Google's Most-Searched Questions
Why do Catholics Light Candles?
Hey! I’m Patrick Ginty, and welcome again to Catholic NC TV. This is where we discuss all things Catholic, and all things Catholic North Carolina. We’re gonna look at, once again, our Google’s Most Searched Questions: Catholic Edition. This is number five on the list; pretty high up on the list for what, to me, is a very minuscule question. But it is, ‘Why do Catholics light candles?’ So we’re gonna get into that.
First of all, the one thing you have to understand is, lighting a candle is not worship. Some people look at this as like, the ‘smoking gun’ that proves that Catholics ‘worship idols’ and that they have ‘false gods’ and everything else, and therefore Catholics, you know, are ‘out to lunch’, and we don’t have to pay them any attention. But as Catholics, we don’t see it as worship. We have our worship, it’s the Holy Sacrifice of the Mass, where we offer up the one sacrifice of Jesus to the Father in heaven. That’s our worship. Everything else is just peripheral, specifically candles.
One of the main reasons why we light candles is simply this: we’re an old Church. I mean, the Catholic Church has been around for 2,000 years! We’ve been lighting candles for a really long time! And it’s been passed down to us. We have records that, in the catacombs, people would light candles in front of the tombs of the martyrs and the saints as a way of honoring them and and remembering them, and also as a symbol of prayer, which we’re gonna get into that in a second.
One thing I came across in my research is that, even into the Middle Ages, in the fourth and fifth century, lighting candles was a really big deal! One cool thing that I found was that, in the Middle Ages, around the year 500 or 600 A.D., people would actually get candles that were as tall as they were, and they would light them as a form of prayer! And I just think that’s really cool, and we should start doing that again. Also, just think about it: electricity has only been around for, not that long! Candles weren’t just necessary in churches, they were necessary everywhere! And that’s why, I think, we don’t understand candles as much as as we should, because we have electricity, we just turn on the lights, and candles really don’t mean anything to us anymore.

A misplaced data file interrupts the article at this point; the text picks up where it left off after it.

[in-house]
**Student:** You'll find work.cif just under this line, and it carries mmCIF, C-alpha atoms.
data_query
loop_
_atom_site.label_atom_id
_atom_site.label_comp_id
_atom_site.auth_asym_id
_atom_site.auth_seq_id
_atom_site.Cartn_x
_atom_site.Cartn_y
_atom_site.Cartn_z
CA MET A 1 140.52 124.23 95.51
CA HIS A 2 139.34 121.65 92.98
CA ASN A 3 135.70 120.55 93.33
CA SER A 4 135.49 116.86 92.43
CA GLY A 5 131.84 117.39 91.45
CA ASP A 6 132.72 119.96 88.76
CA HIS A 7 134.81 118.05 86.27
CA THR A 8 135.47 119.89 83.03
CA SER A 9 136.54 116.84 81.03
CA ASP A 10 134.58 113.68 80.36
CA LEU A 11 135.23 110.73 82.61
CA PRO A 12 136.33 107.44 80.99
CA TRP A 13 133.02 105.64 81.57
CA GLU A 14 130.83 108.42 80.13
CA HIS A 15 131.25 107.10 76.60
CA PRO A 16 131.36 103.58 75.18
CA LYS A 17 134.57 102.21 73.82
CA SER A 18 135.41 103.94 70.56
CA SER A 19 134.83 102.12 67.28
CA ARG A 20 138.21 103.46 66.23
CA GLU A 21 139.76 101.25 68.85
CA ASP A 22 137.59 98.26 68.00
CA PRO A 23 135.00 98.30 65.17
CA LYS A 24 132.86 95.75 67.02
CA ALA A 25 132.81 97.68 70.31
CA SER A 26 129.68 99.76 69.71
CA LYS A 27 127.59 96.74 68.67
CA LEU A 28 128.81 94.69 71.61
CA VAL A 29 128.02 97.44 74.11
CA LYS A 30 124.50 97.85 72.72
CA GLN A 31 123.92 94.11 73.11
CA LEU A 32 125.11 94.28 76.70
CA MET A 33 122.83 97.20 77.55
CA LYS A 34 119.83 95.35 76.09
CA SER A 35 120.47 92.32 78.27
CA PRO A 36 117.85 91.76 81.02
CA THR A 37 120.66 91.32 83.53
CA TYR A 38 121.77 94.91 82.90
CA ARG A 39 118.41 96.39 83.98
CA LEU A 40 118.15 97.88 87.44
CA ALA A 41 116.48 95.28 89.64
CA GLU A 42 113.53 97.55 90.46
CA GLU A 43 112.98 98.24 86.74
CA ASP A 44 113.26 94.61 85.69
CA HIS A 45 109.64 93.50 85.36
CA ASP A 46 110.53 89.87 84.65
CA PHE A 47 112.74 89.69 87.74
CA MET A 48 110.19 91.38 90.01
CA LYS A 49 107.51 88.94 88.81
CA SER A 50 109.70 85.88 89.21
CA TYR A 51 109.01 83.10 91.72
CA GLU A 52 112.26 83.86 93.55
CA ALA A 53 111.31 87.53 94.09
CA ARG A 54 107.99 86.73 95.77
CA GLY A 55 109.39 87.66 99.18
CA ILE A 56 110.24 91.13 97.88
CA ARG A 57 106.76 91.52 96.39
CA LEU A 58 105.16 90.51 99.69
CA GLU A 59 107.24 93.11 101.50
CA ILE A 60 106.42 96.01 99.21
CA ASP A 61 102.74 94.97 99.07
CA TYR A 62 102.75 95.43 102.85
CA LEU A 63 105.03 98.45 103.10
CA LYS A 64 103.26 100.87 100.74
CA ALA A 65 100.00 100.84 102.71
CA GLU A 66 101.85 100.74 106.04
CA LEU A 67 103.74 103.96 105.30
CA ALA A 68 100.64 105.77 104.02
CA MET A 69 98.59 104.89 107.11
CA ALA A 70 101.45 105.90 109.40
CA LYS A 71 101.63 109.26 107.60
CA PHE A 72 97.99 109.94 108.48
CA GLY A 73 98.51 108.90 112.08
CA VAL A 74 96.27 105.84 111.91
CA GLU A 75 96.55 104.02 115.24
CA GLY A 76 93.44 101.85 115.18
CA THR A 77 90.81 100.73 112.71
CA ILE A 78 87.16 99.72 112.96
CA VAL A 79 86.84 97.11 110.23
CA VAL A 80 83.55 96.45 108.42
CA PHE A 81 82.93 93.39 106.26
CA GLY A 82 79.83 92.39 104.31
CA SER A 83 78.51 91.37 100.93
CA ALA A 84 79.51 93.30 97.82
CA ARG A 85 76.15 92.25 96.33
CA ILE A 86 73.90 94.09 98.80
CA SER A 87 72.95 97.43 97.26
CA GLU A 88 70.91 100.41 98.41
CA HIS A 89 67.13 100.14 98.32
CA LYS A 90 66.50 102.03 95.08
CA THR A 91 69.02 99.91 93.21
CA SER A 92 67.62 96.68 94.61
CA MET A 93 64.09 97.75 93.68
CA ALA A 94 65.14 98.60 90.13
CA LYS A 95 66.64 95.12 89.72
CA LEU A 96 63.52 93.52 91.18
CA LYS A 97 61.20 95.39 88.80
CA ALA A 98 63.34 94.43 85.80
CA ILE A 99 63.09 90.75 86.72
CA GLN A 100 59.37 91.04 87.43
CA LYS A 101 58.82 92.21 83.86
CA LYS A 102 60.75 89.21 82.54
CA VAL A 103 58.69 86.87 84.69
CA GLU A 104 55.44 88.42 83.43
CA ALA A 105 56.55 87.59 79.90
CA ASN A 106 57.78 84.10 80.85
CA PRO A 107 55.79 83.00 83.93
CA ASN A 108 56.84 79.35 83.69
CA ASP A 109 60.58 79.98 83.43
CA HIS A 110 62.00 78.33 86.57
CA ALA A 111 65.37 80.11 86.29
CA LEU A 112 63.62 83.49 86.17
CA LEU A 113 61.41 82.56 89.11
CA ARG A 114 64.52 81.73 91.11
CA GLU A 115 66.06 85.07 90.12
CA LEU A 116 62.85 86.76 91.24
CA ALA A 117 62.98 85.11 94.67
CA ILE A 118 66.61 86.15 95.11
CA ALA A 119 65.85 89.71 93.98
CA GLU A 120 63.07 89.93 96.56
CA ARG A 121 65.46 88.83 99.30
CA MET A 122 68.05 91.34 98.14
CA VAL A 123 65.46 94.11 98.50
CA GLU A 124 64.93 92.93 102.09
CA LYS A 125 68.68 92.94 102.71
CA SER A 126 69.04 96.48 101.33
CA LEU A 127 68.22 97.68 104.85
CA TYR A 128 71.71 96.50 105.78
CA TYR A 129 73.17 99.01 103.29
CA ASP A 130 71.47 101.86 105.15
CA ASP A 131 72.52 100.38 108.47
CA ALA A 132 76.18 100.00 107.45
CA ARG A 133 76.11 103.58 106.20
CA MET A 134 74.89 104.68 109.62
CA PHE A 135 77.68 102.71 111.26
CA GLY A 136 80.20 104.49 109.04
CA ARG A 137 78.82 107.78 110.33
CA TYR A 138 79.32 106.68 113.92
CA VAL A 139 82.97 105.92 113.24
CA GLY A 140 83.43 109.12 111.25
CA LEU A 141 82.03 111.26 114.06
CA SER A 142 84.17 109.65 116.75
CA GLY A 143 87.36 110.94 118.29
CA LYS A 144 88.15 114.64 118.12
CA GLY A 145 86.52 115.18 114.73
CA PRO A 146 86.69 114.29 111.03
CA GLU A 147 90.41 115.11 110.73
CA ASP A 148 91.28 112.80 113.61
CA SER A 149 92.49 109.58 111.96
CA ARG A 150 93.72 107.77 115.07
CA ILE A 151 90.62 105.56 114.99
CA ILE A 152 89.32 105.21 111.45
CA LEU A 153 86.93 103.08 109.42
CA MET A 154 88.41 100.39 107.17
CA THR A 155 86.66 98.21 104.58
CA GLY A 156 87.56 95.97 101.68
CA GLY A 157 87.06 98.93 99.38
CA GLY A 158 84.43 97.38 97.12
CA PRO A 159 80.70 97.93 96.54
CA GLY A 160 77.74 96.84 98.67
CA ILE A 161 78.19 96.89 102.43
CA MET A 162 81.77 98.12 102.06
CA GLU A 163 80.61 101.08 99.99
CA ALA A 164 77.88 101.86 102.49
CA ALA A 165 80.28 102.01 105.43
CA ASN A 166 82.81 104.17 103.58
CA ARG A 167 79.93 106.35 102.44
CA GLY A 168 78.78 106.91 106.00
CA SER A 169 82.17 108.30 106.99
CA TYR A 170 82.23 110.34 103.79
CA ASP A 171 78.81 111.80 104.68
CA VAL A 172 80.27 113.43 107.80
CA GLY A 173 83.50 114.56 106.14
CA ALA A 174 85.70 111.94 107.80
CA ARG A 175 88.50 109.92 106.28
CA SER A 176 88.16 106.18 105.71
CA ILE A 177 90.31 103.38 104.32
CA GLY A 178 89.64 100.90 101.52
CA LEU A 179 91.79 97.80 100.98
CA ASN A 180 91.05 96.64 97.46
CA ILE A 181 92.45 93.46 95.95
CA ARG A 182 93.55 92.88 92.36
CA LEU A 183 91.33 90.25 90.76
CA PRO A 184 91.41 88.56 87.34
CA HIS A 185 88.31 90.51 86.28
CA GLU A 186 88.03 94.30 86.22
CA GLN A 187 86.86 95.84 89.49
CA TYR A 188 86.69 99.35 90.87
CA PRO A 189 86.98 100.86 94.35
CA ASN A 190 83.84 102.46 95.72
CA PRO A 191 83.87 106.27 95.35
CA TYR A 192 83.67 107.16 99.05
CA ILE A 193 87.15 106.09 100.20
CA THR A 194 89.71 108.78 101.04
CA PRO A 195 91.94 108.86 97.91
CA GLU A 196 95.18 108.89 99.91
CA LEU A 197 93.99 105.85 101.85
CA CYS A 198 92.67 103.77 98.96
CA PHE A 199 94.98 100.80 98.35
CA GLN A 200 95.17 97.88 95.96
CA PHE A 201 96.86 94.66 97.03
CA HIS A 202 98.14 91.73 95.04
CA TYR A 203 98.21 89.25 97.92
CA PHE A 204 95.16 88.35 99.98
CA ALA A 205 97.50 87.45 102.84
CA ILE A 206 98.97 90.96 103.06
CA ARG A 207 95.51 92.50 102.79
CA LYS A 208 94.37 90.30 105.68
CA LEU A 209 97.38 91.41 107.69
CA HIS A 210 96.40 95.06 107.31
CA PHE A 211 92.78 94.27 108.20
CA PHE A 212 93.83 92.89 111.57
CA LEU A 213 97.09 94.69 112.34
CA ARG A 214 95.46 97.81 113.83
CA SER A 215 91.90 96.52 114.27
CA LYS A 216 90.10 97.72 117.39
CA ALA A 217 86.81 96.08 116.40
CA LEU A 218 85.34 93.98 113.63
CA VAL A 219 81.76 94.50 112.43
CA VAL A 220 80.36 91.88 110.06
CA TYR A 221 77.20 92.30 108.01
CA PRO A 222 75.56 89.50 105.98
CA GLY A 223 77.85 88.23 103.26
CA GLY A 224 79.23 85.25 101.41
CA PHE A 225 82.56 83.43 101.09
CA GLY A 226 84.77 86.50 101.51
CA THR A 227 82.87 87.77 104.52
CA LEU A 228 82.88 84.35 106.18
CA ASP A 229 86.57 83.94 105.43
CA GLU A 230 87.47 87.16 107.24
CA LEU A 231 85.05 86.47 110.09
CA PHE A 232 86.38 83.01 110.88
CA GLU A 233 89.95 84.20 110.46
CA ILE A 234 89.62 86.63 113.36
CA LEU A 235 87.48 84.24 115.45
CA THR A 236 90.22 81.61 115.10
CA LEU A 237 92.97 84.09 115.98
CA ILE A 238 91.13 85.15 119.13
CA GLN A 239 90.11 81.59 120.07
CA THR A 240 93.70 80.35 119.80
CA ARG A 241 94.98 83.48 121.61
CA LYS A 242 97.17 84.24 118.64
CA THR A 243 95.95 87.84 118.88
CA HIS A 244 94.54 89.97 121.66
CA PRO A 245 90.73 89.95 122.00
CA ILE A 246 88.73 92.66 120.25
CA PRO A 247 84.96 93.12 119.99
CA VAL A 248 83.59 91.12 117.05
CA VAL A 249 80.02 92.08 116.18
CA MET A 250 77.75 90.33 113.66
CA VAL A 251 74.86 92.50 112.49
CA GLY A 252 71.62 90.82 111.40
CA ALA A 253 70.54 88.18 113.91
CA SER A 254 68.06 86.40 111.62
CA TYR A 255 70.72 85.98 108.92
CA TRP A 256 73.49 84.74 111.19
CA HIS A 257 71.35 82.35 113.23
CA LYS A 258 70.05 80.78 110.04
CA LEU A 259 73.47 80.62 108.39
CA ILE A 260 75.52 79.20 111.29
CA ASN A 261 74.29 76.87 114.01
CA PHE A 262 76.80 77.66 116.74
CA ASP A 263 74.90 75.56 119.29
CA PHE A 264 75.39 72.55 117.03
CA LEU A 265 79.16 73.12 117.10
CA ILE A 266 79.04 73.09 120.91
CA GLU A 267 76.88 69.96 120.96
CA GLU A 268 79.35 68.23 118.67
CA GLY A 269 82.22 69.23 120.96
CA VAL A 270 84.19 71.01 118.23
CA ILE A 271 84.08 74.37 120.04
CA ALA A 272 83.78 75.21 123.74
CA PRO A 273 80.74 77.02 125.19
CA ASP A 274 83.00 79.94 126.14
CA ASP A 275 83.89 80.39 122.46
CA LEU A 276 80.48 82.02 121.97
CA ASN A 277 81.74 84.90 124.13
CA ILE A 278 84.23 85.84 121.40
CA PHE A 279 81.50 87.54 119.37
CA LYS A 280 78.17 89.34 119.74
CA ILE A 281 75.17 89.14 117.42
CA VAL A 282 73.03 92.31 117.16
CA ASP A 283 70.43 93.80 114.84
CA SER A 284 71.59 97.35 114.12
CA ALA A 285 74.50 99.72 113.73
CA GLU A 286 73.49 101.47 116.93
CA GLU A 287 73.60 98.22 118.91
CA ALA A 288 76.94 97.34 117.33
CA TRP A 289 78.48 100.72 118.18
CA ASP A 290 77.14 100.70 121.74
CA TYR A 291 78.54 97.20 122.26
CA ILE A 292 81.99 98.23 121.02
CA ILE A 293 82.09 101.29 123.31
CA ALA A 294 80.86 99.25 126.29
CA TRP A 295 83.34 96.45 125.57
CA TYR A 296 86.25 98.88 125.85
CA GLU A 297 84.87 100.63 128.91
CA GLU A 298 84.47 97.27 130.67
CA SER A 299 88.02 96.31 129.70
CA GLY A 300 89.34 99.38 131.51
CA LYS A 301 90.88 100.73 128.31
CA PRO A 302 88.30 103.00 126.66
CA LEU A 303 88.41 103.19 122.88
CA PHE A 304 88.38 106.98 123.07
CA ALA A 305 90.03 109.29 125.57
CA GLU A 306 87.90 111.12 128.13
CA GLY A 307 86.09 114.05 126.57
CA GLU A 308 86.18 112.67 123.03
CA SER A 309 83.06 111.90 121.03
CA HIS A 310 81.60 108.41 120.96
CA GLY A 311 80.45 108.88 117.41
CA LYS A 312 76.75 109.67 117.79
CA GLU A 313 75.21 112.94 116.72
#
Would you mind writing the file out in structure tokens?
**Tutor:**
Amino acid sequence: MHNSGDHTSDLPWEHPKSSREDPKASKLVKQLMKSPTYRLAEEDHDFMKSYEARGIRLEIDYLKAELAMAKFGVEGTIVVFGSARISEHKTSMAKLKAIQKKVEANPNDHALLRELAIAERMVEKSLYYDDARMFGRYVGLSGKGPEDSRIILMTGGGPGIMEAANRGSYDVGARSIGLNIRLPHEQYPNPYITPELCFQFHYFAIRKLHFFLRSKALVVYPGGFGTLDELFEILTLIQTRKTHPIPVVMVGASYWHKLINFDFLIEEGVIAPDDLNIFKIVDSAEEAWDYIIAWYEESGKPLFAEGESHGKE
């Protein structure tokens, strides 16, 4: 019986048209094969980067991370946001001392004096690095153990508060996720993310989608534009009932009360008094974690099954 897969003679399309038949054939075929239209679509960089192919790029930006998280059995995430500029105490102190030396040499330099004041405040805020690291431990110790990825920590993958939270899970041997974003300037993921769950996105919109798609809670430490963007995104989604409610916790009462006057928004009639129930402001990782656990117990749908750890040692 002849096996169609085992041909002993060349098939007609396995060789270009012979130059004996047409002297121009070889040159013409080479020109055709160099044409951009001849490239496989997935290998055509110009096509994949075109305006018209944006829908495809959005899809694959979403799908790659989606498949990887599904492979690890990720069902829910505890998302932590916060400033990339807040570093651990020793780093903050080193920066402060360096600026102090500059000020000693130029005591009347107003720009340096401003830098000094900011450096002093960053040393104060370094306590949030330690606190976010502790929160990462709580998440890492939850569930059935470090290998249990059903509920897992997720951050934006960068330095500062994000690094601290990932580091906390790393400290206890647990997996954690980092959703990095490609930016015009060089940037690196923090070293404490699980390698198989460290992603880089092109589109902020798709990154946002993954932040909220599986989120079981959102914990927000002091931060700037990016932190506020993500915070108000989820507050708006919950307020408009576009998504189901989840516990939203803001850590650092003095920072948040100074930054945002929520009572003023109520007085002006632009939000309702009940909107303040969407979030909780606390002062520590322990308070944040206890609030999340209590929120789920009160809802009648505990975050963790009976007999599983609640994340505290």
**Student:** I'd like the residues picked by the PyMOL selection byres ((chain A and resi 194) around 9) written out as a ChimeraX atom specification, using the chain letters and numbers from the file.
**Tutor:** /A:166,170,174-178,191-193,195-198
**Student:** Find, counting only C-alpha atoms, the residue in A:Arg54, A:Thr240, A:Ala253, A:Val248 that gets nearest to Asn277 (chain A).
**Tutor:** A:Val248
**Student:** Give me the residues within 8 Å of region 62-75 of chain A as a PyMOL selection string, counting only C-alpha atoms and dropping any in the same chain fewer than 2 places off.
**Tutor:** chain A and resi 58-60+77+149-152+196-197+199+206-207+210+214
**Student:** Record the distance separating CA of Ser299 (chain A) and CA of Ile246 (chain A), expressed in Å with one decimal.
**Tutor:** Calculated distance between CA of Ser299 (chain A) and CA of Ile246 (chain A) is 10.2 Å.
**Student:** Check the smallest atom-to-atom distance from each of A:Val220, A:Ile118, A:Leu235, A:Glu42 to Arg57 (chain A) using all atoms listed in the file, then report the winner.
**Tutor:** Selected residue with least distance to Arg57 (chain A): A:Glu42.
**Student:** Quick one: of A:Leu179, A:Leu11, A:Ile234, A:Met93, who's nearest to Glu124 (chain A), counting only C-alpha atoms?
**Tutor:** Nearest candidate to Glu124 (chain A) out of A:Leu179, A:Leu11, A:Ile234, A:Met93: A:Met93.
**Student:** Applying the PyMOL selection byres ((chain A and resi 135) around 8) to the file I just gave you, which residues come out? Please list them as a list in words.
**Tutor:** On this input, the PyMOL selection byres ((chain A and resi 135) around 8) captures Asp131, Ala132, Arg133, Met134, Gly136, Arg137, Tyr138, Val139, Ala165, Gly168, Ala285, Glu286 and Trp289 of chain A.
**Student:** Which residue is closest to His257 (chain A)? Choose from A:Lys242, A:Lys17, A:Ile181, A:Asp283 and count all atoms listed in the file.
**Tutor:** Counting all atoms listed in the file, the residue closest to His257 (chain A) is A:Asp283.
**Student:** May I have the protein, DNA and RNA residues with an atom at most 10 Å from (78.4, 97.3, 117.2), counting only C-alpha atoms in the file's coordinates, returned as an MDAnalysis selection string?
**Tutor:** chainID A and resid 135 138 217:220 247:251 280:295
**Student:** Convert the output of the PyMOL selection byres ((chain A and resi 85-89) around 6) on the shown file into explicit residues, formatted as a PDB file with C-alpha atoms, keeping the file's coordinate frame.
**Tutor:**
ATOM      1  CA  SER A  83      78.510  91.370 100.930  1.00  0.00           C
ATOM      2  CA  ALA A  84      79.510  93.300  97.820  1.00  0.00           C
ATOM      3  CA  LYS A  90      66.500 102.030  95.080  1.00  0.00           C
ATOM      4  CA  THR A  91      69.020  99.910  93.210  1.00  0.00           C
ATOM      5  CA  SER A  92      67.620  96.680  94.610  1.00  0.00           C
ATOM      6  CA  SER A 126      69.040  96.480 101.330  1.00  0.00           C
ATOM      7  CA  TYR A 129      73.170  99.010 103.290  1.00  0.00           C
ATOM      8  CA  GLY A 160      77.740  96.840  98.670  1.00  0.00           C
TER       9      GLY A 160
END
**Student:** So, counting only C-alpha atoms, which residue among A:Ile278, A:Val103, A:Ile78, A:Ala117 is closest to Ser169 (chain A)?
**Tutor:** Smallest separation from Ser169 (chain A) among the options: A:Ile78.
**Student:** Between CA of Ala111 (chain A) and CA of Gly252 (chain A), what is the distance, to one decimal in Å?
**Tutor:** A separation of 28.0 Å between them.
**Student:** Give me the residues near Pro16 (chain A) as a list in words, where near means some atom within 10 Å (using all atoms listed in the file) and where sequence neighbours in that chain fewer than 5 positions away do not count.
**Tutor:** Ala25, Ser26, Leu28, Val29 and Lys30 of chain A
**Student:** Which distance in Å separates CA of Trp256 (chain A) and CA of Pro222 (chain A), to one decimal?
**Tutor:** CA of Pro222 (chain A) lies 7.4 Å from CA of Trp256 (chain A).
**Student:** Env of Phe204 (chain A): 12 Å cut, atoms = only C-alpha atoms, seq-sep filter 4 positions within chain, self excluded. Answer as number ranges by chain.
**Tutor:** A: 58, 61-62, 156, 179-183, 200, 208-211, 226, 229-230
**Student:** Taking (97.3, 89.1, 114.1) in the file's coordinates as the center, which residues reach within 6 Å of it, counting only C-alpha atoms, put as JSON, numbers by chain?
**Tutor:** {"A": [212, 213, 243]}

On a more theological level, again, it’s not a main aspect of our faith, but in the Gospel of John, one of the main themes is Jesus calling himself “The Light”. Constantly, throughout this gospel, Jesus Christ is referring to himself as The Light, that when we walk with Christ, we don’t walk in darkness, because we have the Light of Life. Jesus said, ‘I am the Way, the Truth and the Life.’ He is the Light of the world.
When we light a candle, it’s really a representative of Christ’s presence among us. We have his presence in the Eucharist, but the presence of Christ in the light is special to Catholics. On the Easter Vigil, which is the night before Easter, the whole Mass begins with lighting a fire, and then we have the Paschal candle, which is the big, big candle (I think that even goes back to the Middle Ages, the big candle thing; I’ll think about that some more). But we light that big candle, and we walk into a dark church, and the deacon sings ‘Christ our Light’. So again, the candle, the light, Jesus Christ, it’s a symbol of Him and His presence among us.
And the last thing is, a lot of times you’ll see candles, burning before an image either of a saint, or of Jesus, or of Mary, and really the candle is there to represent our prayer. The candle is really meant to accompany a prayer — you don’t just light the candle and say, ‘Alright, I’ve lit a candle, I don’t have to pray for this person anymore.’ No! You light the candle and it represents the fact that that intention you have is constantly before God. Even though we leave the church and we go along with the rest of our life, that candle is there. It represents the fact that we are petitioning for this person or this necessity that we have, and that we’re praying for it. Really, human beings, we’re sacramental. We’re flesh, we’re bone, and we’re spiritual at the same time, and so along with the spiritual ideas we have, we need something that’s tangible. We need to see, we need to hear, we need to smell all of those things. And that’s why candles are so beautiful.
So I hope this helped out a little bit to understand the Catholic faith and the candles. Hopefully it’s not as weird as you thought it was. Thanks so much for joining us on Catholic NC TV, my name is Patrick Ginty, and I hope you and your family are very blessed.